The repeated claims of harm done or alleged to have been done by Tuvel’s article prompted a sustained reflection on this issue in Inside Higher Ed  by José Luis Bermúdez, professor of philosophy at Texas A&M University. Bermúdez’s tone throughout the article is considerate rather than polemical. He acknowledges more than once, for example, that “it is certainly possible for someone to suffer material or tangible loss, injury, or damage as a consequence of a 15-page article being published in an academic journal.” Nevertheless, Bermúdez shares my own suspicion that Tuvel’s critics have failed, in fact, to demonstrate the harm allegedly done by the article or even to elaborate a clear understanding of the concept of harm with which they are working. The absence of any such conceptual definition or clarification by Tuvel’s critics—standard practice among professional philosophers—ought, Bermúdez notes, “give us pause for thought.” And while it is at least implicitly clear what form of harm Tuvel’s critics do not have in mind—libel, for example—it remains mysterious what form they do mean. The demand for some positive elaboration on this point ought not to be perceived as unreasonable. Indeed, given the seriousness of the charge—harm rather than something far less grave or actionable like offense—Tuvel’s critics ought to feel obligated not only to provide the editors of Hypatia with a clear understanding of the concept but also to specify through careful argument precisely how and to whom the harm has occurred. All of this should be especially incumbent on them if, as the authors and signatories of the “Open letter to Hypatia” do, they seek a remedy in the form of a formal retraction of the article. None of this, to date, has happened.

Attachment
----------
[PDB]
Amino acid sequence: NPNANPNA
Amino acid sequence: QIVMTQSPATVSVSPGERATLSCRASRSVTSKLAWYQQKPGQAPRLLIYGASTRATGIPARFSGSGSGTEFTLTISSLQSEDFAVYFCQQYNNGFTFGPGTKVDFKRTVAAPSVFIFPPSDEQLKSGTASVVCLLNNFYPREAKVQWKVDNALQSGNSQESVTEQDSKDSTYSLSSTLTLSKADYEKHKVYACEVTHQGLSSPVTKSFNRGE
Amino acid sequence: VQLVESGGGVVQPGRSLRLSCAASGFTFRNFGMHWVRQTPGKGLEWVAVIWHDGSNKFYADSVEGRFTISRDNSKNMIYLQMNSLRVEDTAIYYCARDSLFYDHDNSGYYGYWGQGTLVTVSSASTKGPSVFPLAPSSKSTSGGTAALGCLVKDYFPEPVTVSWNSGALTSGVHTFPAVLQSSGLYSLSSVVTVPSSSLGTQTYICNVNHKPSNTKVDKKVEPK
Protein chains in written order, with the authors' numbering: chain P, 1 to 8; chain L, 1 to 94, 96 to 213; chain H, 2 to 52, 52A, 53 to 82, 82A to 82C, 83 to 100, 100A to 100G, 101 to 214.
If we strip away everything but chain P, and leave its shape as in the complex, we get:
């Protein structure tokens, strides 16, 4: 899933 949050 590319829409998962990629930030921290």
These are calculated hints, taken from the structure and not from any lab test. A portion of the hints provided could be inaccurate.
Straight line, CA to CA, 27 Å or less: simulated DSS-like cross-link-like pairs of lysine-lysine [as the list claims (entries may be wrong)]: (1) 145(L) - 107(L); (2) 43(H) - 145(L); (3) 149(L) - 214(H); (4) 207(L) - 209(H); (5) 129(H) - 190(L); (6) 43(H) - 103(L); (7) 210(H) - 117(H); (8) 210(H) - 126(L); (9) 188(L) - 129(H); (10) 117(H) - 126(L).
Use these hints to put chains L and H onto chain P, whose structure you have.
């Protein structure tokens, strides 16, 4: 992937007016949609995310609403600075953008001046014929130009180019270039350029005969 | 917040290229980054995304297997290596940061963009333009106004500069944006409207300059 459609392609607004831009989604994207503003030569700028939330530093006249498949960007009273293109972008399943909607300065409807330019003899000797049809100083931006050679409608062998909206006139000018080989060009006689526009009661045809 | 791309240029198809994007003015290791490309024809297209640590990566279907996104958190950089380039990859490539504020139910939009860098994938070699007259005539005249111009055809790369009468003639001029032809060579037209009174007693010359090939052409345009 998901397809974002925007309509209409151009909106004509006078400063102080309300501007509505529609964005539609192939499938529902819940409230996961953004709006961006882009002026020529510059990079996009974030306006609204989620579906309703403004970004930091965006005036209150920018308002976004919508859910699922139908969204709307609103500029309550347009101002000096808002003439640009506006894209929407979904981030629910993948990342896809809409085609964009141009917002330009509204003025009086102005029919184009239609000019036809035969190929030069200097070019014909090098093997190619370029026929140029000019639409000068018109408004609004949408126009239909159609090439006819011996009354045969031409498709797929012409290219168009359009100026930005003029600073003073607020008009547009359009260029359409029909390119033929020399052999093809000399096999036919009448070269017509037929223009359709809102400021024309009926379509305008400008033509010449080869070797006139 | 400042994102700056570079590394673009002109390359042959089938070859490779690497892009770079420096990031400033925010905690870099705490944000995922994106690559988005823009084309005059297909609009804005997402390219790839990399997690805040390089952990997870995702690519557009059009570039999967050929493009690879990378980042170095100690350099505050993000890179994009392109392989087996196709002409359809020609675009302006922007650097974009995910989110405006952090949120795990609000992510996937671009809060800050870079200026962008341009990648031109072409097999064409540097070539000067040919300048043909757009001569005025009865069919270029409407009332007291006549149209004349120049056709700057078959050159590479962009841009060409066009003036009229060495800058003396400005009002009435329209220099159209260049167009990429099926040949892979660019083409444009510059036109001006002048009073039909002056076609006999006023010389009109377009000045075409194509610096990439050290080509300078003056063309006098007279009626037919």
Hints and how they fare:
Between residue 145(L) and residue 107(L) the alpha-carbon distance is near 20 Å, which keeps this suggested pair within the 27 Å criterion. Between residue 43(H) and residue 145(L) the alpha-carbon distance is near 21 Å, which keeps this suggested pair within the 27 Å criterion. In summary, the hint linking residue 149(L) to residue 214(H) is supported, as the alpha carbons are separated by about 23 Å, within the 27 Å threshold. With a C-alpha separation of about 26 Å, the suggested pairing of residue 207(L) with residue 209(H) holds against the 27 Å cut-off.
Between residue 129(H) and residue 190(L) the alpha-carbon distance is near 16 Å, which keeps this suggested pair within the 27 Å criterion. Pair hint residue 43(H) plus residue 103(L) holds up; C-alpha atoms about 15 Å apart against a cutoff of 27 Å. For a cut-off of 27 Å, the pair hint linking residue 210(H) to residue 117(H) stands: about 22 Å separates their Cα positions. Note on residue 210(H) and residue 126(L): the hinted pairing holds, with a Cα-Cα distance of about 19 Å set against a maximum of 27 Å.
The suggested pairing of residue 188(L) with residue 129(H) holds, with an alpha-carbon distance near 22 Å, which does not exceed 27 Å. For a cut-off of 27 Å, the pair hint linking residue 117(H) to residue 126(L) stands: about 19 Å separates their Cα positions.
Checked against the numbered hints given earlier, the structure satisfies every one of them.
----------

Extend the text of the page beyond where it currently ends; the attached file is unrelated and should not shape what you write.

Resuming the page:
And you may ask yourself, Well
How did I get here?

(Talking Heads, “Once in a Lifetime”)